Your vehicle's battery is crucial – without it, you'll find that starting your car is impossible. Batteries last four to five years on average, but the life of a battery can vary. In extremely cold or hot climates, a battery may only last three years before it needs replacement. To help ensure that you don't find yourself stranded, be proactive – regularly check your battery for signs of corrosion. A visual inspection is easy, so roll up your sleeves and get started!
The simplest (though not necessarily most reliable) way to check the health of your battery is with a visual inspection. Though obviously such an inspection will not tell you what the battery's voltage or amperage charge is, it can alert you to signs of corrosion or wear that may be indicators that your battery is in need of replacement. When visually inspecting your battery, look for the following:
If there are powdery deposits on either the positive (green) or negative (red) terminals of your battery, you should clean them with a metal brush, rag, or used tooth brush. This corrosion is caused by battery acid, however, so we recommend that you counteract the acid with a base, such as baking powder, before doing so. And as always, be sure to remove both the positive and negative connections first.
If the external casing or cell cover of your battery is cracked, you should replace the battery. The chemicals in batteries (primarily acid) are hazardous and you shouldn't take the risk of keeping a cracked battery. If your battery is cracked, store it in an acid-resistant storage container until you can dispose of it.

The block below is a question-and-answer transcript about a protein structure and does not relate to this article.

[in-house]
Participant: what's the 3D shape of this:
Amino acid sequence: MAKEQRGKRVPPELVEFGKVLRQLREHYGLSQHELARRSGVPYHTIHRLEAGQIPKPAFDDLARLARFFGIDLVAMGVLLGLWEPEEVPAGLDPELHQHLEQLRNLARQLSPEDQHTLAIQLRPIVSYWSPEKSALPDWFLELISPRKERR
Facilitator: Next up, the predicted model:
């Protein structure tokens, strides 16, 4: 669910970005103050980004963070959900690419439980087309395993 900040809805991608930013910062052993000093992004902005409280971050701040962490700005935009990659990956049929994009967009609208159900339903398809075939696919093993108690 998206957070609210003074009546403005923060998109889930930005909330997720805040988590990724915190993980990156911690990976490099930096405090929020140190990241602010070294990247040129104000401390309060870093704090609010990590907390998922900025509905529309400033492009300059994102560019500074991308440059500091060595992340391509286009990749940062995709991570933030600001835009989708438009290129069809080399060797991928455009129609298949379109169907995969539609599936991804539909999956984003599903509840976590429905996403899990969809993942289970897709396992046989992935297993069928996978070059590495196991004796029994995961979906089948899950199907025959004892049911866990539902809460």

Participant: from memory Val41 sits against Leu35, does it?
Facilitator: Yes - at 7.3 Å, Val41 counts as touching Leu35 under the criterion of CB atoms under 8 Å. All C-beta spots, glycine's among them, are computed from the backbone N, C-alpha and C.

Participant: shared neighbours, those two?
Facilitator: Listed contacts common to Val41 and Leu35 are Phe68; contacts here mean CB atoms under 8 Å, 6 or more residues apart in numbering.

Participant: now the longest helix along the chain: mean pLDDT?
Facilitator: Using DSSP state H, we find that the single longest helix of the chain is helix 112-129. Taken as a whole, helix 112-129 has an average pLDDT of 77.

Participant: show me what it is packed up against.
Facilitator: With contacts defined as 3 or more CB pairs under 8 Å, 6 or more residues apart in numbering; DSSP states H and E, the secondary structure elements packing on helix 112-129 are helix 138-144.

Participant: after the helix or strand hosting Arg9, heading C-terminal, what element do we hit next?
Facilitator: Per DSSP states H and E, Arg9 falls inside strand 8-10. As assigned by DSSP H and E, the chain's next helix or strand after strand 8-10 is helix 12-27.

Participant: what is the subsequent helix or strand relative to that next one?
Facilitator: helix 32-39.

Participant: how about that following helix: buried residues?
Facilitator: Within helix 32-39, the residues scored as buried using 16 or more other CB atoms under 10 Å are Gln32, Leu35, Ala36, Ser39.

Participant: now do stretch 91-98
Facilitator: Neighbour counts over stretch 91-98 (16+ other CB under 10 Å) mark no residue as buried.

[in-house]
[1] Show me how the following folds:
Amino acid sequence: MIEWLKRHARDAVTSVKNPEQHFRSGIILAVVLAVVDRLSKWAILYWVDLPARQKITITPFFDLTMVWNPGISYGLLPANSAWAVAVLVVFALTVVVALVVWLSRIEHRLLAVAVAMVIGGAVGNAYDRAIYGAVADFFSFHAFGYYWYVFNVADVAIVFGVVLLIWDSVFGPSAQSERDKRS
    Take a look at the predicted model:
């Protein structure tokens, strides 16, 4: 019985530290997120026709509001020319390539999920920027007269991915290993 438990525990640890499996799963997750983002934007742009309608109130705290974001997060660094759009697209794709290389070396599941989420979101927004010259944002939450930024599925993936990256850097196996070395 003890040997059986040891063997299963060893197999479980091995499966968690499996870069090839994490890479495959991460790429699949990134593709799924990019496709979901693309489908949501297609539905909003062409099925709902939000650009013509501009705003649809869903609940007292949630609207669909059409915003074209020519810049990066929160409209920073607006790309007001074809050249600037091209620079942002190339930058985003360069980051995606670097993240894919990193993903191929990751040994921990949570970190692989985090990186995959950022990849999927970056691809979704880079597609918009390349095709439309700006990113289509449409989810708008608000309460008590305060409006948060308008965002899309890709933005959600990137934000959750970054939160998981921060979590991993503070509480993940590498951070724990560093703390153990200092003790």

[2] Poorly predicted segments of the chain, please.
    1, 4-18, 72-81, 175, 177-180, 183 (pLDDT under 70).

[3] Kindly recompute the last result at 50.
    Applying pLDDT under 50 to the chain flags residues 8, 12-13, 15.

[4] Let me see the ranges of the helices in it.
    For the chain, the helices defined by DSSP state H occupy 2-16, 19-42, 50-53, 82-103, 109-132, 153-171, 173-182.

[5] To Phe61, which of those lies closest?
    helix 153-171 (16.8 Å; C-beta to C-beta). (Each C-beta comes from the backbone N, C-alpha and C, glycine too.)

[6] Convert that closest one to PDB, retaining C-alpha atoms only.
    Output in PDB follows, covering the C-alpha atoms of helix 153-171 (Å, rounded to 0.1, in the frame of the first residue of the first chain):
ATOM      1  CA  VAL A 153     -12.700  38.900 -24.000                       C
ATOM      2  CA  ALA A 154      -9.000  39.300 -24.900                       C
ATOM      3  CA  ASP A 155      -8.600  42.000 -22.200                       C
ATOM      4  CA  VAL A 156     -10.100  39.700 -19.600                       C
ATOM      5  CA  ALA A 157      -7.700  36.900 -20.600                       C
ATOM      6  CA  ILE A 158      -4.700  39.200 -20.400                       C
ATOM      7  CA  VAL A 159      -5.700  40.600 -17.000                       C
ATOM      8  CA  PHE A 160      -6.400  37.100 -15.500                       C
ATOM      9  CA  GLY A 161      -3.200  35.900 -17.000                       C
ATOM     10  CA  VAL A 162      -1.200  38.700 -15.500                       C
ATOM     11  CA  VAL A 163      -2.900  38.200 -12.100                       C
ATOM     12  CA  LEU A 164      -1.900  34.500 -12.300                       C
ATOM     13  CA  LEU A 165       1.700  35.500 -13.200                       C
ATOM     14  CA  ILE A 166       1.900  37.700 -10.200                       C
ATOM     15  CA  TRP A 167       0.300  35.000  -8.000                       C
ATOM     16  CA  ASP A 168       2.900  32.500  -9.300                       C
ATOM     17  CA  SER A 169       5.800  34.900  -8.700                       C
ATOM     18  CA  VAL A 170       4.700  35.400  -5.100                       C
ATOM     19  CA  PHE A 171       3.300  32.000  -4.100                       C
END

If the connector cables are frayed, or are damaged in some other manner, you should replace them immediately. These cables transmit electrical energy from the battery to the engine; if the protective covering is damaged, leaving the metal wiring exposed, there is an extreme risk of electrocution or electrical burns.
Though a number of visual signs may point to a battery needing replacement or service, these are probably the most important. Please remember, however, that when working around batteries, take extra precautions. The risk of fire, electrocution, acid exposure, and electrical burns are real. With due diligence and common sense though, inspecting a battery is quick and easy!
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